Update: Journalist Hossam Bahgat may face charges of publishing false news

CAIRO: Well-known journalist and human rights activist Hossam Bahgat may face charges of publishing “false information that harms national interests,” he told Mada Masr.

Bahgat arrived at the military intelligence headquarters in Cairo at 9 a.m. Sunday per a summons order that did not disclose any reasons; he has been referred to the military prosecution after the questioning, according to Mada Masr.

Bahgat, the founder of the prominent human rights organization Egyptian Initiative for Personal Rights, has written a number of articles for Mada Masr that tackled military-related issues and trials.

Most recently, he wrote in October a report on 26 military officers who were tried for attempting to overthrow the regime.

A military source told BBC Arabic that the information in Bahgat’s reports is “untrue.”

Journalism in Egypt

At least 18 journalists are behind bars in Egypt, according to the Committee to Protect Journalists. However, member of the Press Syndicate’s administration council Khaled el-Balshy told The Cairo Post in August that at least 35 journalists are detained.

Two Al-Jazeera journalists were released in September; it has not been reported if other journalists have been released since then. Of the most high-profile cases is that of jailed photojournalist Shawkan, whose trial will begin Dec. 12, about 28 months after his detention.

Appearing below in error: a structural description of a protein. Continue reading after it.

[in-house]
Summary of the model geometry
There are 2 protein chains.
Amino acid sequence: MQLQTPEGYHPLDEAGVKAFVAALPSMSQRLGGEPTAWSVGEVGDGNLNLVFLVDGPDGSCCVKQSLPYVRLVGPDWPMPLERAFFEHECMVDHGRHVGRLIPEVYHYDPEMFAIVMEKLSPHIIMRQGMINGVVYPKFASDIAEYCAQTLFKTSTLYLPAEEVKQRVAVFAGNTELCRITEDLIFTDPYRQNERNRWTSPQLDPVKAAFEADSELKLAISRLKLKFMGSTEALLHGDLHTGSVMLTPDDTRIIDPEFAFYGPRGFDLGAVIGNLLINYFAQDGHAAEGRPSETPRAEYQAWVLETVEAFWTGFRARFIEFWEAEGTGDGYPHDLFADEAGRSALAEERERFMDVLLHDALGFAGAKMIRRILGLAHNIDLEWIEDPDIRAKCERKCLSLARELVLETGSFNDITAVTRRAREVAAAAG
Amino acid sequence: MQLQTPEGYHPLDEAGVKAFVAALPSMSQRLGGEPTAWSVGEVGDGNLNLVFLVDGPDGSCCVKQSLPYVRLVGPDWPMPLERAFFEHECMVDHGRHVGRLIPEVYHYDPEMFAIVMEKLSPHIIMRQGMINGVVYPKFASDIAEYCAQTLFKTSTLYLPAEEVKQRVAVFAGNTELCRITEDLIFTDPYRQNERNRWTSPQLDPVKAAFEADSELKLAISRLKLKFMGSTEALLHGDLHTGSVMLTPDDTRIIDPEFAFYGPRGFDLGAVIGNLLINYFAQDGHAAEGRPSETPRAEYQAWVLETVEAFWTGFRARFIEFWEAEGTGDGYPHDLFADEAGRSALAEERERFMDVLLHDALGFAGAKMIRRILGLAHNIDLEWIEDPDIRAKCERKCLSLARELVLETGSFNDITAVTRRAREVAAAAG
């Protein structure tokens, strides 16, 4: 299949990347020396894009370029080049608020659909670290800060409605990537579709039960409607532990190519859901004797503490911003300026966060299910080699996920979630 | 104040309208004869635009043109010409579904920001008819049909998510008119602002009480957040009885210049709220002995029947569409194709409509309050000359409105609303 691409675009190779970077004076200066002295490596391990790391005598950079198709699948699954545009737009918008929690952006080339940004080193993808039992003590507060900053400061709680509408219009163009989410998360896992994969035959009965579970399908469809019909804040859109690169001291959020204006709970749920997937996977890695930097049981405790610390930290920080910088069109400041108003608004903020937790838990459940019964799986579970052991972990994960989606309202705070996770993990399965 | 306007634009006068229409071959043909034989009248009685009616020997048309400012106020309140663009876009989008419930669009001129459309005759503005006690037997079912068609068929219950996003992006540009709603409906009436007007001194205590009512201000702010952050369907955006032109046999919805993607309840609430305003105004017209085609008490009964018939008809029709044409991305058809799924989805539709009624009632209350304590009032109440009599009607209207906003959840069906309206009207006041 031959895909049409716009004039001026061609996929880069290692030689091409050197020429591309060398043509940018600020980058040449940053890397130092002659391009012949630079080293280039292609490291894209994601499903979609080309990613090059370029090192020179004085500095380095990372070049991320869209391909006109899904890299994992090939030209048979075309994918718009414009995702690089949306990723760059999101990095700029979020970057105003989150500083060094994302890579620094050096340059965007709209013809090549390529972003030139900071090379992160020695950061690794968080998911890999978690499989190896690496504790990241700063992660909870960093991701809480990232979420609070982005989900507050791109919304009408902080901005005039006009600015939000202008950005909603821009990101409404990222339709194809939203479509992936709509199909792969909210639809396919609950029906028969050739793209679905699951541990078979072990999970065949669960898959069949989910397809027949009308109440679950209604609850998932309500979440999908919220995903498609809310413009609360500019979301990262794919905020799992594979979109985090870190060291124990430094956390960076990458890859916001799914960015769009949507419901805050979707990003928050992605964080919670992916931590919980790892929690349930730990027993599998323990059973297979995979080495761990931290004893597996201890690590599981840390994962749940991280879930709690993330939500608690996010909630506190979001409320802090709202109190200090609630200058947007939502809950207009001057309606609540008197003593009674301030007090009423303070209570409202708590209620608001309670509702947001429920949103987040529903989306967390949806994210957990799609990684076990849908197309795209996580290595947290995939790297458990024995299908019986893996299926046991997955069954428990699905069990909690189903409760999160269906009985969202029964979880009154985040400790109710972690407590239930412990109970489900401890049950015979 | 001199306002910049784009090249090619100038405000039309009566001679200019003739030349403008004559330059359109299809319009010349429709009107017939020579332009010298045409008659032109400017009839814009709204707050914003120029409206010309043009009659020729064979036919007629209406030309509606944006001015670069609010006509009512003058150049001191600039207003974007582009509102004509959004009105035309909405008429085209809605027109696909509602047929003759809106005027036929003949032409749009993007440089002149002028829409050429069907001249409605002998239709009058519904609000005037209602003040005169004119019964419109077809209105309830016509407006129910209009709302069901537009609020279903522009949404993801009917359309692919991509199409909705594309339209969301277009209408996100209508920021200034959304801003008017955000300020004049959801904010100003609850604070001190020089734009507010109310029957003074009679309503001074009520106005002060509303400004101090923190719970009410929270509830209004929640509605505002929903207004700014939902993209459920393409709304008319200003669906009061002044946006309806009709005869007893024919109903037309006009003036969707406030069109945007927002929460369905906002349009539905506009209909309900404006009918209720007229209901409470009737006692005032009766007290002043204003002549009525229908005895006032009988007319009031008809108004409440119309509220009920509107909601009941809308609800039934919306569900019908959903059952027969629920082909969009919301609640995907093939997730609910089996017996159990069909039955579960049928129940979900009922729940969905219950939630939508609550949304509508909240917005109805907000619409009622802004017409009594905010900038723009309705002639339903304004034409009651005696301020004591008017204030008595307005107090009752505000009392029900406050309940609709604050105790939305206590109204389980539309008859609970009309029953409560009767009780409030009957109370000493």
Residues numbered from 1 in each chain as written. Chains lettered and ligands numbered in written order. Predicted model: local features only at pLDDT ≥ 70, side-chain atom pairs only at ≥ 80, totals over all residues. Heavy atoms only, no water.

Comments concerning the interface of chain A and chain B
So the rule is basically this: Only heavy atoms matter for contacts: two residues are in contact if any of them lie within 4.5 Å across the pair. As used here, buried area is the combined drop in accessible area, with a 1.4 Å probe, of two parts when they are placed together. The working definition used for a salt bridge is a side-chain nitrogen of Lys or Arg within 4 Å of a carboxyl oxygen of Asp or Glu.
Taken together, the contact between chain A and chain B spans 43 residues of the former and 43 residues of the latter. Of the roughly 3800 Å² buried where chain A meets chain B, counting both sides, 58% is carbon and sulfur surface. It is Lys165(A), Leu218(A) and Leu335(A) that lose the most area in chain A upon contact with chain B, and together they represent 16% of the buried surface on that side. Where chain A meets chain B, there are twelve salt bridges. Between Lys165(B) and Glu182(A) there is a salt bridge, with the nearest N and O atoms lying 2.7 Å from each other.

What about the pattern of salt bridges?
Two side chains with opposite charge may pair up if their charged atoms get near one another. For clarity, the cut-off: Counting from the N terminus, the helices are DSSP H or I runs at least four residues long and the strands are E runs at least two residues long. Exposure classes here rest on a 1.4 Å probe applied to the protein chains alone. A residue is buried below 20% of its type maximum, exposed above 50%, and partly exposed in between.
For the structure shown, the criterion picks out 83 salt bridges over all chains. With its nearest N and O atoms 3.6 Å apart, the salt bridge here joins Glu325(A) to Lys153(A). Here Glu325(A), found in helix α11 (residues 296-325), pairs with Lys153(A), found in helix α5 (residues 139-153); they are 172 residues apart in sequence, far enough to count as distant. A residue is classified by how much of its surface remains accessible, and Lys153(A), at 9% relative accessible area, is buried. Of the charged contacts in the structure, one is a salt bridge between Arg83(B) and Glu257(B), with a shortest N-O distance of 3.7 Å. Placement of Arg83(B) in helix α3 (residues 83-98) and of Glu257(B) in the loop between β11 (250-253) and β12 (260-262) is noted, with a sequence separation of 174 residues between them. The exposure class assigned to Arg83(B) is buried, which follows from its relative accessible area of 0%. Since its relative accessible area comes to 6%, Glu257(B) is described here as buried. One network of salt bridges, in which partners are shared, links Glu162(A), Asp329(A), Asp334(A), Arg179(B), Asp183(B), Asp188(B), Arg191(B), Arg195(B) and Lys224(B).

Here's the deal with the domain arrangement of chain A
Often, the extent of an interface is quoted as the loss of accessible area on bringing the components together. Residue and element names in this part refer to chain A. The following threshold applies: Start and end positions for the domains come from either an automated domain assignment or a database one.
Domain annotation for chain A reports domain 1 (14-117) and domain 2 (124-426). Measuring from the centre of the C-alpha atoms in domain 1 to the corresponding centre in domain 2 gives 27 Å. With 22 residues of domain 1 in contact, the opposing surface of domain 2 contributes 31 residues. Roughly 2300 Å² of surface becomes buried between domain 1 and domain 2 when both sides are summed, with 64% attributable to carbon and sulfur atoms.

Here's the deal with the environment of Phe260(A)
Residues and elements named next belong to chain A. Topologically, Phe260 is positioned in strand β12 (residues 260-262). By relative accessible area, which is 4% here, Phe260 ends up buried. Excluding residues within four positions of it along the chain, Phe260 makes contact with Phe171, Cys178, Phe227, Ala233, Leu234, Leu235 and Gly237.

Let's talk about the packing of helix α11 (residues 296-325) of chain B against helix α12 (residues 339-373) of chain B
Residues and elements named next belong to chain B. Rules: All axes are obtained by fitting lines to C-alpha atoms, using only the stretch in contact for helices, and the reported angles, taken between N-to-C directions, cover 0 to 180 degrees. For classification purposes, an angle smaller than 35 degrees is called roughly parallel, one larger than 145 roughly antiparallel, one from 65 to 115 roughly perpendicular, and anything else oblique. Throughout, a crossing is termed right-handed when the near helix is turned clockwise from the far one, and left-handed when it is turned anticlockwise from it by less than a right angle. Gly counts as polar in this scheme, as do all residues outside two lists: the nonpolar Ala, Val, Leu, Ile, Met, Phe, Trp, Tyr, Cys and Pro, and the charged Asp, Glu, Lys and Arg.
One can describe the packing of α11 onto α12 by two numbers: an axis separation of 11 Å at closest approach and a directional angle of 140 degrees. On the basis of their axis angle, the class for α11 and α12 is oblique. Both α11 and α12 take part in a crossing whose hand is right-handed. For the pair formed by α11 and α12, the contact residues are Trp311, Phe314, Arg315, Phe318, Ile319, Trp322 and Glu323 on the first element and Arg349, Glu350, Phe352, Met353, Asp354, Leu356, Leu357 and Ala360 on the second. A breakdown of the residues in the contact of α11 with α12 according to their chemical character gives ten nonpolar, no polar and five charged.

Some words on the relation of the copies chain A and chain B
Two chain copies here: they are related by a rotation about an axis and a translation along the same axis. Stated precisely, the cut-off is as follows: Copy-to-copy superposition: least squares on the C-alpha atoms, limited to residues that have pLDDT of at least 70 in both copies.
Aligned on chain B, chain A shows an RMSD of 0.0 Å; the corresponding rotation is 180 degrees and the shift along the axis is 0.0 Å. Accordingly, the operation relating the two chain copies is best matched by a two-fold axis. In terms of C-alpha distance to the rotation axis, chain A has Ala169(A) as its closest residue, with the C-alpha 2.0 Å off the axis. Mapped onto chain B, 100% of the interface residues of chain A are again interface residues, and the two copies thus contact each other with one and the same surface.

Meanwhile, three journalists were arrested in October; two of whom are charged with belonging to a “banned group” and another has not been provided with formal indictment. Hesham Jafaar, head of Mada for Media Development, and Hussam al-Sayed, a journalist who previously worked with Jafaar.

As for journalist Mahmoud Mostafa, he was arrested at Cairo Airport on his way to London Oct. 23 and only appeared four days later at the Homeland prosecution, according to the Arabic Network for Human Rights Information. His family reported the incident as an “enforced disappearance” to the Attorney-General, as part of several cases of so-called enforced disappearances of anti-regime activists and students.

Egypt ranked 158 out of 180 countries in the 2015 Reporters Without Borders press freedom index issued in April.

Sisi’s meetings with journalists results in ‘allegiance to the state’

On Nov. 1, Sisi said in a speech at a military cultural symposium the criticism that was directed at him after Alexandria’s infrastructure failed to contain severe rainfall was “unacceptable.”

“I feel that people (journalists) are not aware, do not understand anything what so ever, just holding a microphone to speak into or a newspaper to write in. No, people, this is a country we are going to lose,” Sisi said.

“This way, we spread ignorance and lack of awareness amongst people. We do not spread genuine awareness, as if issues are resolved with keys, it is not like we press a button and it is over,” he added.

Egypt’s president approved an anti-terrorism law in August despite criticism by local and international press freedom advocates, including Egypt’s Press Syndicate. The law, for example, prohibits reporting that contradicts statements by the Defense Ministry.

In October 2014, after President Abdel Fatah al-Sisi met with the editors-in-chief of Egyptian newspaper and other media professionals, many journalists signed a statement pledging allegiance to the state by applying “pro-state” measures in their reporting. In the same month, he met with several Arab editors-in-chief.

In December 2014, the president also met with a number of young journalists to discuss the media’s role in raising the awareness of citizens. He also held a meeting with journalists and editors-in-chief from Nile Basin and Sub-Saharan states in February 2015.

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